Suboxone is a prescription drug used to treat opioid addiction, whether illegal or prescribed. It comprises buprenorphine and naloxone. As a partial opioid agonist, buprenorphine inhibits opiate receptors and lowers a person’s cravings. The second component, naloxone, is used to counteract the effects of opioids.
Together, these medications reduce the withdrawal symptoms associated with opioid dependence. Suboxone may be administered by your doctor, unlike other opioid replacement drugs that require a prescription from a specialist treatment center. Suboxone is frequently used at the start of treatment and during treatment and recovery. Your physician or addiction counselor can assist you in developing an individualized treatment plan.
Suboxone can help you manage the withdrawal symptoms associated with opioid cessation, but finding a complete treatment program is crucial. Counseling and therapy can help you tackle the underlying cause of your opioid abuse and develop new coping mechanisms for pain and stress.
Methadone was commonly used in detoxification settings, but buprenorphine has mostly supplanted it. Typically, it is prescribed to assist people in gradually withdrawing from the drug to which they were first addicted. Methadone, a long-acting opioid, is most successful as a long-term treatment for people with chronic opiate addiction.
Over-the-Counter Medications For Opioid Withdrawal
It is often recommended to use over-the-counter medications, but this should only be done under medical supervision and as part of an established treatment plan.
Some opiate withdrawal symptoms are common and can be relieved with over-the-counter drugs.
For example, loperamide, a non-prescription diarrhea medication, can be used to treat diarrhea that occasionally develops with opiate withdrawal. Other over-the-counter medications for opiate withdrawal symptoms that might be used while receiving treatment from a qualified treatment facility include:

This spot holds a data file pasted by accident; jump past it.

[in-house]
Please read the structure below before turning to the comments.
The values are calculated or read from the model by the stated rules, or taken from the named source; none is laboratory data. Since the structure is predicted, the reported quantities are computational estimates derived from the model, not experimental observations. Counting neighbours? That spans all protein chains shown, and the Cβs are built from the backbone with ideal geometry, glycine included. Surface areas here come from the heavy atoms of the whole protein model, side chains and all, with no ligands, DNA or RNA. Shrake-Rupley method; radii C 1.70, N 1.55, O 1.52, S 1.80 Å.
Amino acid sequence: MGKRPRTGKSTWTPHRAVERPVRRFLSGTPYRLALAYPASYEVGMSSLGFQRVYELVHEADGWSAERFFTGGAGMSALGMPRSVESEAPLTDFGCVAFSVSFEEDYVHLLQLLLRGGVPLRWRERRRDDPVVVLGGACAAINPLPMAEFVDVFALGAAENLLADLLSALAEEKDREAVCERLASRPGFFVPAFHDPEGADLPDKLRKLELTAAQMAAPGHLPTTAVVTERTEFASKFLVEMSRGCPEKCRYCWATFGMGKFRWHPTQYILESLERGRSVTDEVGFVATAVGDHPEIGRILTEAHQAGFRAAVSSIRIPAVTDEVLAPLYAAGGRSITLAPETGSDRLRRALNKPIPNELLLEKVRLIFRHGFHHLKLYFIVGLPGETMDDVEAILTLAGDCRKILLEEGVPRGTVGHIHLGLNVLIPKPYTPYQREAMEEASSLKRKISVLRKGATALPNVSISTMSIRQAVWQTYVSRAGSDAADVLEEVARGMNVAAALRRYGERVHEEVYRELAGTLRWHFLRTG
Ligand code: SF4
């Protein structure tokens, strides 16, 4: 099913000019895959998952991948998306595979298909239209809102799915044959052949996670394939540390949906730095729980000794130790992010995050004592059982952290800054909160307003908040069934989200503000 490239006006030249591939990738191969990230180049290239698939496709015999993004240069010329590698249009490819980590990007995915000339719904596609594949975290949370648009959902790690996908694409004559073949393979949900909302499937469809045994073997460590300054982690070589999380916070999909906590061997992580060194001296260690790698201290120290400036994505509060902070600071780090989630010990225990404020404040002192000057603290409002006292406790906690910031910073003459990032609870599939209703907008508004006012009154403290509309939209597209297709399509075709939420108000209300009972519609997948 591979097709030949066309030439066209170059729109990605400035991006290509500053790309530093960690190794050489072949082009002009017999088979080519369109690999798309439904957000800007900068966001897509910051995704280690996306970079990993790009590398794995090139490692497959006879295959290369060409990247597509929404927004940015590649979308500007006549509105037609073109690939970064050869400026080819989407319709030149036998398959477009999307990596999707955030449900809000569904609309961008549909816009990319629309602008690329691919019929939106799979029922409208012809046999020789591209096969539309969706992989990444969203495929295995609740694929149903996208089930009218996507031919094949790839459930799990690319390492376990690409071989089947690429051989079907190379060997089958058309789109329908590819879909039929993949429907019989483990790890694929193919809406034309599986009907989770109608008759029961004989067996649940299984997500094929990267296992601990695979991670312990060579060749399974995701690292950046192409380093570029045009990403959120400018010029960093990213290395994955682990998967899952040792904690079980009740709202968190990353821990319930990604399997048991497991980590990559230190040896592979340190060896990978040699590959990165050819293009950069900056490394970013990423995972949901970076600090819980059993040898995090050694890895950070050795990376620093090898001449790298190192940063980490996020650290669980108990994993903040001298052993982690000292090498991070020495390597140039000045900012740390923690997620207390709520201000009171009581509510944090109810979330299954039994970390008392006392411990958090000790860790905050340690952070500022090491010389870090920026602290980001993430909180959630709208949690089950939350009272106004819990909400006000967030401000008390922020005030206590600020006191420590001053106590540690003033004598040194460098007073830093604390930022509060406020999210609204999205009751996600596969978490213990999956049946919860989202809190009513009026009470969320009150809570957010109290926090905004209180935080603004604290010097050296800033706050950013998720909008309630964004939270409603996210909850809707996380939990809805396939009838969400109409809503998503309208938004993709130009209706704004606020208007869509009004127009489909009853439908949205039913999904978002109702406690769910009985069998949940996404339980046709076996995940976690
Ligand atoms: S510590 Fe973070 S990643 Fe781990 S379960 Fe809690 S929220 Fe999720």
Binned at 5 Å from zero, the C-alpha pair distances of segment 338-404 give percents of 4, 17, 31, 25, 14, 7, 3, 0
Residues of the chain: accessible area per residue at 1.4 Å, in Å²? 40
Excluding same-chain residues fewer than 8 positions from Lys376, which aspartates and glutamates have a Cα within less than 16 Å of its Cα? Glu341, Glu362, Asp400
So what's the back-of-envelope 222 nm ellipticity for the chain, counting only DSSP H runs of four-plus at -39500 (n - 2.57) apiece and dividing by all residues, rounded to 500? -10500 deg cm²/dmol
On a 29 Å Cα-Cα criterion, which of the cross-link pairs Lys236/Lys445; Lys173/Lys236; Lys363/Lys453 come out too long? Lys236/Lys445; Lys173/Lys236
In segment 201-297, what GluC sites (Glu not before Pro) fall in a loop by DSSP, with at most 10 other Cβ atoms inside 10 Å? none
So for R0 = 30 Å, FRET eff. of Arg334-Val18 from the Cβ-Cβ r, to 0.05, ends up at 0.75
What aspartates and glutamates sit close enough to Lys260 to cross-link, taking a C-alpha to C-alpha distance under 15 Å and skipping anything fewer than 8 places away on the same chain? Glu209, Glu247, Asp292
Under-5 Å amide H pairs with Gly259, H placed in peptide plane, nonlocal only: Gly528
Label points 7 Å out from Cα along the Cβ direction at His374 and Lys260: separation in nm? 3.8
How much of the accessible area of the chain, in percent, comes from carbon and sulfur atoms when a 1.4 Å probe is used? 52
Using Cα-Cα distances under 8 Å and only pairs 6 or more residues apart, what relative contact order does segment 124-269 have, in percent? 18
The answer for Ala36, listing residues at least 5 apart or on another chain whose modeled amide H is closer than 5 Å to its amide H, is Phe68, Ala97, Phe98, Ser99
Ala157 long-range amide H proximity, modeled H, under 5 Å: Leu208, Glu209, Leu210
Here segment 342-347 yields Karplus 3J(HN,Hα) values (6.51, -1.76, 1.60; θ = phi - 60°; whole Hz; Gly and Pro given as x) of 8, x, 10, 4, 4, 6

- Anti-nausea formulations like Pepto Bismol
- Natural sleep supplements such as Valerian root, Melatonin
- Non-steroidal anti-inflammatory drugs (NSAIDs), like ibuprofen, naproxen, and aspirin
- Topical analgesics such as Tiger Balm or Ben Gay
Because every over-the-counter medication has the potential to interact with other drugs, a doctor can assist in ensuring that the patient avoids anything that could interfere with other medicines recommended to treat the addiction.
Frequently Asked Questions (FAQs)
How can I counteract the effects of opiates?
The medication naloxone (Narcan®) is used to treat overdoses immediately. Naloxone can reverse the symptoms of an opioid overdose if administered quickly.
Which substance has the most severe withdrawal symptoms?
Methamphetamine, heroin, opiates, and other powerful drugs can cause some of the most severe cases of potentially fatal drug withdrawal symptoms. A person may harm oneself or others due to extreme delusion and hallucinations during withdrawal.
What can I take to stop withdrawal symptoms?
- Methadone alleviates withdrawal symptoms and facilitates the detoxification process.
- Buprenorphine can reduce withdrawal symptoms and decrease the detox phase.
- Clonidine can treat anxiety, agitation, and muscular pains.
What drugs are hard to withdraw from?
Addictive drugs induce severe withdrawal symptoms and cravings, making it difficult to quit using them. Some of the hardest drugs to withdraw from are:
- Methamphetamine & Crystal Meth
- Heroin and prescription painkillers
What is a rapid opiate detox program? Does it work?
During a rapid detox treatment, a patient is placed under anesthesia for four to six hours while opioid antagonist medications (such as naltrexone) “kick out” the opioid substances, such as heroin or prescription opioids.
Multiple research conducted by the National Institute on Drug Abuse (NIDA) demonstrates that this method is ineffective for sustaining recovery. Treatment providers and doctors do not promote rapid detox, which is not considered an efficient kind of detox.
Begin Your Recovery Today with The Haven
The process of tapering off opioids requires time and commitment. Withdrawal symptoms are uncomfortable, but they will lessen gradually over time, making the recovery much smoother. The Haven treatment center provides the appropriate therapies to help you avoid many of these symptoms and prevent relapse in the future.
Our medical team of expert doctors and therapists provides effective treatment for opiate detox and understands the discomfort of withdrawal symptoms. They can offer further valuable tips and tricks to assist with opiate withdrawal.
For further information, contact us at (561) 328-8627 today!